American Society For Nutrition

Why It’s So Critical For Students To Attend EB -- A Student Perspective

Why It’s So Critical For Students To Attend EB -- A Student Perspective

Excellence in Nutrition Research and Practice
Posted on 05/20/2009 at 03:20:47 PM by Student Blogger

By: Alison K.

What happens when you bring thousands of scientists into New Orleans? Well, a lot. Giveaway laptop bags and name tags are telltale signs of a conference attendee. Amidst French influence architecture and po boy sandwiches, scientists meet and greet, catch up with colleagues from all over North America and beyond, as well as present some of their most recent findings of their research.


Roughly 2,000 graduate students attended EB this year—an impressive statistic. As a leader of the Student Interest Group (SIG) for ASN, I found this year's conference renewing, rewarding and educational. I was privileged enough to attend a student breakfast at the Marriott, meet with the ASN fellows, as well as participate as the student representative for the Vitamins and Minerals RIS (VMRIS).  Despite the temptation to explore the incredible city of New Orleans, I believe attending EB and engaging in various activities allowed me to network and learn from scientists that I otherwise may have never had the chance to meet in person.


Starting with the early morning breakfast, I sat at a table with colleagues and President of ASN, Jim Hill. Dr. Hill gave a small speech— reminding students of how important it is to be engaged in ASN and to participate in activities. This message resonated with me because as a graduate student, sometimes I forget how essential it is for me to stay involved. Late nights in the lab, events on our individual campuses and other personal obligations often keep up distracted from our professional societies.  Dr. Hill's words let me recall my obligations to ASN as a resource for my success in the field of nutrition.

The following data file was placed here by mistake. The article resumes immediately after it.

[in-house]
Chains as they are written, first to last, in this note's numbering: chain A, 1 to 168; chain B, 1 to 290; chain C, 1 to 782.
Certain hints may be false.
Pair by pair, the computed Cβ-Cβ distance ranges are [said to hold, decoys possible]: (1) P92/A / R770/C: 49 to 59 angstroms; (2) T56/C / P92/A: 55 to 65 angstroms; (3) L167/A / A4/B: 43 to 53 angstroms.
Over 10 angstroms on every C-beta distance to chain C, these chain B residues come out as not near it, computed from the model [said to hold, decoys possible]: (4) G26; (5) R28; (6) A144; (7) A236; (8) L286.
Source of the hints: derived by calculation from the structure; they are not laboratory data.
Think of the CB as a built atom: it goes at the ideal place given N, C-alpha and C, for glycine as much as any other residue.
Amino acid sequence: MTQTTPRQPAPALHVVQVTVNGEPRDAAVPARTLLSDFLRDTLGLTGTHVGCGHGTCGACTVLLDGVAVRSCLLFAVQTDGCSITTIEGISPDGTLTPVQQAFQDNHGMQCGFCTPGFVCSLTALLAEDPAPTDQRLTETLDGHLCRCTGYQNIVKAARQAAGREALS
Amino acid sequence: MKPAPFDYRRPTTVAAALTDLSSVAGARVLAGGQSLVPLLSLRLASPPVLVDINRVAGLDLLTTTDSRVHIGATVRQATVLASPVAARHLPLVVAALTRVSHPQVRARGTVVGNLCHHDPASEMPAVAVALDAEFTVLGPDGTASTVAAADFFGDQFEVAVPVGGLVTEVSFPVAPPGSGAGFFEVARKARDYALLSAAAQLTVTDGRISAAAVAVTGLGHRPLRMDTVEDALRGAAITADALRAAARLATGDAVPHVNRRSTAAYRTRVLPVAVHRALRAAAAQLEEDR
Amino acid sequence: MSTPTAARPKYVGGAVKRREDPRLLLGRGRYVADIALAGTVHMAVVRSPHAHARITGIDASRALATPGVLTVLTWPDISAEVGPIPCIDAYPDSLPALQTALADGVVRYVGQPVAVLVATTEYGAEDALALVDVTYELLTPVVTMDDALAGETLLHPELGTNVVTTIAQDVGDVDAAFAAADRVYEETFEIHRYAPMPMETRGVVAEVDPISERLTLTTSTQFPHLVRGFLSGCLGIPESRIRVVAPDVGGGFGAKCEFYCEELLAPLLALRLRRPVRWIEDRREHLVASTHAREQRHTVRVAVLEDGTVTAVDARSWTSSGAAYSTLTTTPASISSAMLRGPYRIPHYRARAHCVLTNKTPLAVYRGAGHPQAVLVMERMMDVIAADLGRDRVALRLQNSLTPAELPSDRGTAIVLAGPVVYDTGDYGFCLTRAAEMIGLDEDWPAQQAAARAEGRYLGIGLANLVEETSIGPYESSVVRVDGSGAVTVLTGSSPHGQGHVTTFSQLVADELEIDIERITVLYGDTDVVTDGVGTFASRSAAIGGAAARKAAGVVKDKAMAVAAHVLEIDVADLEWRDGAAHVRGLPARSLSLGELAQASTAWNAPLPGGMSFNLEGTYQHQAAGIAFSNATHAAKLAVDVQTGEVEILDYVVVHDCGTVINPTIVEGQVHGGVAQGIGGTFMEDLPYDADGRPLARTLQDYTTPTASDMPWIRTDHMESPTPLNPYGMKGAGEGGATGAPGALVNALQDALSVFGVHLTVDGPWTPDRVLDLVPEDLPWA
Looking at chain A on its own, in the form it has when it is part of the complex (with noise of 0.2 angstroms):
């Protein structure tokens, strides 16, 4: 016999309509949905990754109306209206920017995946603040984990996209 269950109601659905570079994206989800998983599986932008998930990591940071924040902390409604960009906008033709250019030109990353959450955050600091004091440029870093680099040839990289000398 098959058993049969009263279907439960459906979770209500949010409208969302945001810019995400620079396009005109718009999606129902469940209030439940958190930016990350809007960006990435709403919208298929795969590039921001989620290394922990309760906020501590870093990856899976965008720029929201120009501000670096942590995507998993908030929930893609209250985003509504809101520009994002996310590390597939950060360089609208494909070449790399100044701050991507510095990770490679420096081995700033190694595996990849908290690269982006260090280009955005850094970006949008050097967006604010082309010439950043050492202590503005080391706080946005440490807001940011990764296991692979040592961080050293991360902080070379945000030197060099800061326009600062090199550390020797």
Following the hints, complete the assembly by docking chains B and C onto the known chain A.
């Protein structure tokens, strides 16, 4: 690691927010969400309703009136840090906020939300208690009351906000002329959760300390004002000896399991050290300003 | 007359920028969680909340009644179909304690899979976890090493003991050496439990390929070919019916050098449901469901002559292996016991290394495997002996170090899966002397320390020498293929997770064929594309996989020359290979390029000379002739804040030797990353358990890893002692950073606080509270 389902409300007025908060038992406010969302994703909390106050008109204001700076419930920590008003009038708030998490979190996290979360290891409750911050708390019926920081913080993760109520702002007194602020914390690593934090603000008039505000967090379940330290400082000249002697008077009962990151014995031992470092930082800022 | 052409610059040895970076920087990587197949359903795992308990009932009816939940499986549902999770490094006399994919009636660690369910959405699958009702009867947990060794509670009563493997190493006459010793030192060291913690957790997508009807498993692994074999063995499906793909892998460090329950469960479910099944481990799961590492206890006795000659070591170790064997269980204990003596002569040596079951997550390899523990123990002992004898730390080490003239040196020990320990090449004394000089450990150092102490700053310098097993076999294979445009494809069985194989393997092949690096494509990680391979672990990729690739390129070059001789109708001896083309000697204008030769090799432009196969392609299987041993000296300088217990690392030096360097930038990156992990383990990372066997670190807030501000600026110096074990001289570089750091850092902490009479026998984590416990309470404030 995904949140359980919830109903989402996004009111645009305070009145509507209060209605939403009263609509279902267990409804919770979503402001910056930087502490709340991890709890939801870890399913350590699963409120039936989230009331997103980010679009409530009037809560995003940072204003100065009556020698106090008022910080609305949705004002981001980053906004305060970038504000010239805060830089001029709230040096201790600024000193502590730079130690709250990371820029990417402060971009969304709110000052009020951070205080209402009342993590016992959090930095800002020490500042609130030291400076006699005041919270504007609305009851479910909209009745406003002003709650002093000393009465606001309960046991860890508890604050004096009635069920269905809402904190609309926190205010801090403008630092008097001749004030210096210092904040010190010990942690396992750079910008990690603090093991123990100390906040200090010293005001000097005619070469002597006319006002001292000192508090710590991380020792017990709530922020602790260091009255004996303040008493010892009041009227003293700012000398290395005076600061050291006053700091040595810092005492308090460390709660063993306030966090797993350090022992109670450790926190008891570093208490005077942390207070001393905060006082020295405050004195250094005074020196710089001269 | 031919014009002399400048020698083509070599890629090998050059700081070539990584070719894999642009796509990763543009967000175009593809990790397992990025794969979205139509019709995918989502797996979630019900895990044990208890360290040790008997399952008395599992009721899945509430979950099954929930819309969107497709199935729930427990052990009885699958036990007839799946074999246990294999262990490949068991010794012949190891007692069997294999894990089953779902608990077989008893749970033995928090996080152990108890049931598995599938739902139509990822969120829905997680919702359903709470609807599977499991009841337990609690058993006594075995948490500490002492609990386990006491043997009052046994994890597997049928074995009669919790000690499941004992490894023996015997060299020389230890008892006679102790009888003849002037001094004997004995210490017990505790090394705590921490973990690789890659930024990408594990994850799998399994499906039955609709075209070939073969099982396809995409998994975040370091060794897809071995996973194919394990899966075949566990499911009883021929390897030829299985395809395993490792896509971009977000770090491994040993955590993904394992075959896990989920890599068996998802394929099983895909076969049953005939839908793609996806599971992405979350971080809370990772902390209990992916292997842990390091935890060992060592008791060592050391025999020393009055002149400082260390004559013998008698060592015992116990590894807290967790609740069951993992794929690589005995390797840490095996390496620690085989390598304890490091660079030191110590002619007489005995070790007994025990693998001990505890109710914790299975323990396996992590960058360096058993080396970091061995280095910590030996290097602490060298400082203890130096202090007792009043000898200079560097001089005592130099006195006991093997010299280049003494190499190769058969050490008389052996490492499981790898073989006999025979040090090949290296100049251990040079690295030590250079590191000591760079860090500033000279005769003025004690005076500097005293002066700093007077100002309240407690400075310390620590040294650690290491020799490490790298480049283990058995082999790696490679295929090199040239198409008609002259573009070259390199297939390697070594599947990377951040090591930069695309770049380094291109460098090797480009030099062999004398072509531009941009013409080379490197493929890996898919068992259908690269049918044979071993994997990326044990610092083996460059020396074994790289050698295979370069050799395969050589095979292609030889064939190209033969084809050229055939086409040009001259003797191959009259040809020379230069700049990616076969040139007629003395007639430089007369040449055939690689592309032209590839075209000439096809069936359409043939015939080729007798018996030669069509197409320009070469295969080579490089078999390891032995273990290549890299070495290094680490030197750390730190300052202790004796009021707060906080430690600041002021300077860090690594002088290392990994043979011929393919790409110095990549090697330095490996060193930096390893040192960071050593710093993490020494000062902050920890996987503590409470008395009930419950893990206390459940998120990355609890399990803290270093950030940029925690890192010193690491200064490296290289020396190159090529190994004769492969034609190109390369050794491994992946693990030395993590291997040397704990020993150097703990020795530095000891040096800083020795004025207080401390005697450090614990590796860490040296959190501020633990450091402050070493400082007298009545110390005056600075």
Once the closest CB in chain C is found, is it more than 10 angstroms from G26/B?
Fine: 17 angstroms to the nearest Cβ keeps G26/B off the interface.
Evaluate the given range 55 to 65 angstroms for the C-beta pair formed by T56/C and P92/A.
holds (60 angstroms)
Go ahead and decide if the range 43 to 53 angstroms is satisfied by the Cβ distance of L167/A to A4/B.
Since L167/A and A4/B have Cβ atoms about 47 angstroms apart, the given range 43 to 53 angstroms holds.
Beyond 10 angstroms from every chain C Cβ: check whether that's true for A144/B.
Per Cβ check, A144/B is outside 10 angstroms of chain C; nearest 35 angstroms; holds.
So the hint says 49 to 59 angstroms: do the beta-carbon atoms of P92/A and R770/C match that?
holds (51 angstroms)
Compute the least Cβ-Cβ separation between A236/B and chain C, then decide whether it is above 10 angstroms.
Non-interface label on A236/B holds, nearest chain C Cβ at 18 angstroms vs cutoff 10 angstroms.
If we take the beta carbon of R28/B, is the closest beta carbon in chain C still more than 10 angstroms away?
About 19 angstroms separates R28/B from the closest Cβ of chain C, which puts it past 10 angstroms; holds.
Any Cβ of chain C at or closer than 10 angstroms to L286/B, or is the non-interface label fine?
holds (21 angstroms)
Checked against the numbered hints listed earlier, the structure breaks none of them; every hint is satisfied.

At the VMRIS poster contest, I was tasked with taking minutes of the business meeting as well as tallying results to determine the winner of the contest. Throughout the academic year, I had to publicize the VMRIS poster contest to graduate programs throughout North America. This small administrative duty is just a taste of what professors engage in throughout their careers—I find as a graduate student, these kinds of positions are very character building and eye opening. It gives you an inside view of the kind of work that goes into creating events at EB, which made me so much more appreciative of the hard work everyone in ASN does in order to make EB such a success.


Meeting the ASN fellows was the most influential experience I have at both EB conferences I have attended. Milton Sunde's words of wisdom and anecdotes are always so enjoyable and entertaining, as well as educational. Just think—50 years ago things were so different in the arena of nutrition research, it just amazes me! Imagine, Atlantic City, 1949—where Dr. Sunde, then a graduate student, was able to interact with industry at the Poultry Sciences meeting—that's right, they wanted to talk to graduate students! What a treat it is to hear these amazing stories from ASN fellows. So much history, friendship, and hard work shared in this one hour, I can't help but be grateful for them to come and share their stories with us. It makes me hope one day to have such intimate connections with other researchers in nutrition.


Well, if you are a graduate student reading this, I hope that I have thoroughly convinced you to attend EB in Anaheim in 2010.  Graduate school is not always an easy place to be (it shouldn't be easy!). It is through ASN activities at EB that I am able to continue with passion and love for nutrition science.

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